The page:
Ben and I waited some more. Next, our pediatrician came in to the room.  He said exactly this:  "If your son's white blood count was 10,000, I'd say there's something wrong with my machine and not think more about it. If your son's white blood count was 20,000, I'd say there's some process going on that we have to look into, but I wouldn't be too worried about it.  However, your son's white blood count came back at 97,000." I didn't know what that meant, really. However, I knew it was a blood disease. The pediatrician sent us to an outside lab to confirm the results. The outside lab found Ben's white blood count to be 107,000. (FYI: The normal range for children's WBC is 4000-8000). Ben's surgery was canceled.
 
I immediately had Ben admitted to a prominent teaching hospital in NYC. Ben had a series of blood work and a bone marrow aspirate. Within 2 days we had a diagnosis: Chronic Myeloid Leukemia (CML). That very rare disease is caused by the unfortunate translocation of 2 chromosomes, the 9 and 22; part of the 9 attaches to the 22 and vice versa. The new, leukemic, and bad oncogene, the "BCR/ABL" gene, produces a protein that results in the overproduction of white blood cells.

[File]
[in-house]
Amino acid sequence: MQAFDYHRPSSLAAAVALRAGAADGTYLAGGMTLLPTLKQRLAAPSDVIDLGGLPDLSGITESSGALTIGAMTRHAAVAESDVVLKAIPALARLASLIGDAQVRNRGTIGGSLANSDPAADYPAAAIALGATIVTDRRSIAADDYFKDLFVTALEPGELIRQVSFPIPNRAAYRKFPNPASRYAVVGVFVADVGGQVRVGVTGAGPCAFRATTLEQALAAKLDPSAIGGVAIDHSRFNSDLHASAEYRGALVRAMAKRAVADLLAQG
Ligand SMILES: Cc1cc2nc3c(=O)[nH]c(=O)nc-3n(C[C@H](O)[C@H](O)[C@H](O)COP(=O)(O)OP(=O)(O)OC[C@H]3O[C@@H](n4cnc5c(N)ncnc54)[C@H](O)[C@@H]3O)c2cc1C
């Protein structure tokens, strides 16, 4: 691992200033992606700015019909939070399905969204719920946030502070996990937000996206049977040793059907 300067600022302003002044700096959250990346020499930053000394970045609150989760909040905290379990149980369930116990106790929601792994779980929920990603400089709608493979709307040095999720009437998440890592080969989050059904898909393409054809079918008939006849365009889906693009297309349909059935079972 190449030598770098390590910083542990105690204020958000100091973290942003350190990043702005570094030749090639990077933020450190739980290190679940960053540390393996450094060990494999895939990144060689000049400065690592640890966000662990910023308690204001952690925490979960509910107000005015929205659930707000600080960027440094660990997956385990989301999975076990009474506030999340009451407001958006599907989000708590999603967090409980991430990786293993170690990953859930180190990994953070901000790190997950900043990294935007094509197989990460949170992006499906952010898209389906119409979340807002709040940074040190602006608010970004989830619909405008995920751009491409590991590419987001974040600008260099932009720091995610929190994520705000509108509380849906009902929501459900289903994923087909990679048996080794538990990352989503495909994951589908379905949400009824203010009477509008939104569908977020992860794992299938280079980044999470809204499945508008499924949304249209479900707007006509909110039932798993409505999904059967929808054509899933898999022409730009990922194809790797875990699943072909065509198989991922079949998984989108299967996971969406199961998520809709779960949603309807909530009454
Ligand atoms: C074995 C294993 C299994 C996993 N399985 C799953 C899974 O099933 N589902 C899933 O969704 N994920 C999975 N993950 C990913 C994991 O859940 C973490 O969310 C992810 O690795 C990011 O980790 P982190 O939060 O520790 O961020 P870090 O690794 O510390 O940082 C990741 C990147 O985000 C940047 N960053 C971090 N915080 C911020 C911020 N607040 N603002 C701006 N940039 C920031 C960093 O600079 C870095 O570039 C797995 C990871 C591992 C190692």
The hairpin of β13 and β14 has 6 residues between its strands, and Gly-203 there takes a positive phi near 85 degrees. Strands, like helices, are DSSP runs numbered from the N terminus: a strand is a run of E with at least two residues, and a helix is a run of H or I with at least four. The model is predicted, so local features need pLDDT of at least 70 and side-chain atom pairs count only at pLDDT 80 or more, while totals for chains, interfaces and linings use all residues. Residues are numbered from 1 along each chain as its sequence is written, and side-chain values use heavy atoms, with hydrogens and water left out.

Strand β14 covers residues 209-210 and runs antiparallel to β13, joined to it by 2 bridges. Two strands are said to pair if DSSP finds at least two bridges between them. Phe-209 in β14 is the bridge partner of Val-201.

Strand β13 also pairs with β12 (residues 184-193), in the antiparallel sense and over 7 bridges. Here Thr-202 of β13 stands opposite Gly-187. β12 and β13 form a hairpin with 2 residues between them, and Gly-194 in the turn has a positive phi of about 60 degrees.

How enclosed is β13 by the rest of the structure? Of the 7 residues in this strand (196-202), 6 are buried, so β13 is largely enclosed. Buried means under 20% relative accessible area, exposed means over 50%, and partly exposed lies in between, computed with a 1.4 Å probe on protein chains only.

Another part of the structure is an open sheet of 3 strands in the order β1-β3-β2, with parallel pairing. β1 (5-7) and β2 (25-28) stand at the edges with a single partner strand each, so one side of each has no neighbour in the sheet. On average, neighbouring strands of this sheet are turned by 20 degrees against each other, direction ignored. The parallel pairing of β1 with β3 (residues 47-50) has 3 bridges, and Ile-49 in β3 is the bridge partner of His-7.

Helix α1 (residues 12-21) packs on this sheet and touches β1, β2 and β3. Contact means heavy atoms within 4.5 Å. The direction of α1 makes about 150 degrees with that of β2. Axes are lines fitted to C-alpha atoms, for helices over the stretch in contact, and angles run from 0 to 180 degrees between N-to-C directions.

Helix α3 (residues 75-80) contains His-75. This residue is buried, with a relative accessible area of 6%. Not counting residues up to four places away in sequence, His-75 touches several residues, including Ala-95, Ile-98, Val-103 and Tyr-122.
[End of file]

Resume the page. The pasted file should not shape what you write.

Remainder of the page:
There is no cure. However, today there are maintenance medications that target the bad "BCR/ABL gene" and stop it from producing the protein that overproduces white blood cells. Ben takes a medicine, Gleevec, which has saved his life for now. Ben will always need medication to keep the leukemia away. So far, the medicine has worked.
 
CML a very rare cancer with about 5,000 cases diagnosed per year. Only a small fraction of those diagnosed are children. CML mostly impacts adults who are 67 or older. For instance, Kareem Abdul-Jabbar was recently diagnosed with the disease, he's 62.
 
After diagnosis, I realized that not too many pediatric oncologists have experience treating CML. Quite frankly; I wasn't satisfied with Ben's initial treatment.  Ben's doctors were capable, but it seemed to me that some of them did not have a handle on Ben's rare form of blood cancer. Ben's doctors were very good, they just did not seem very confident in the CML treatment.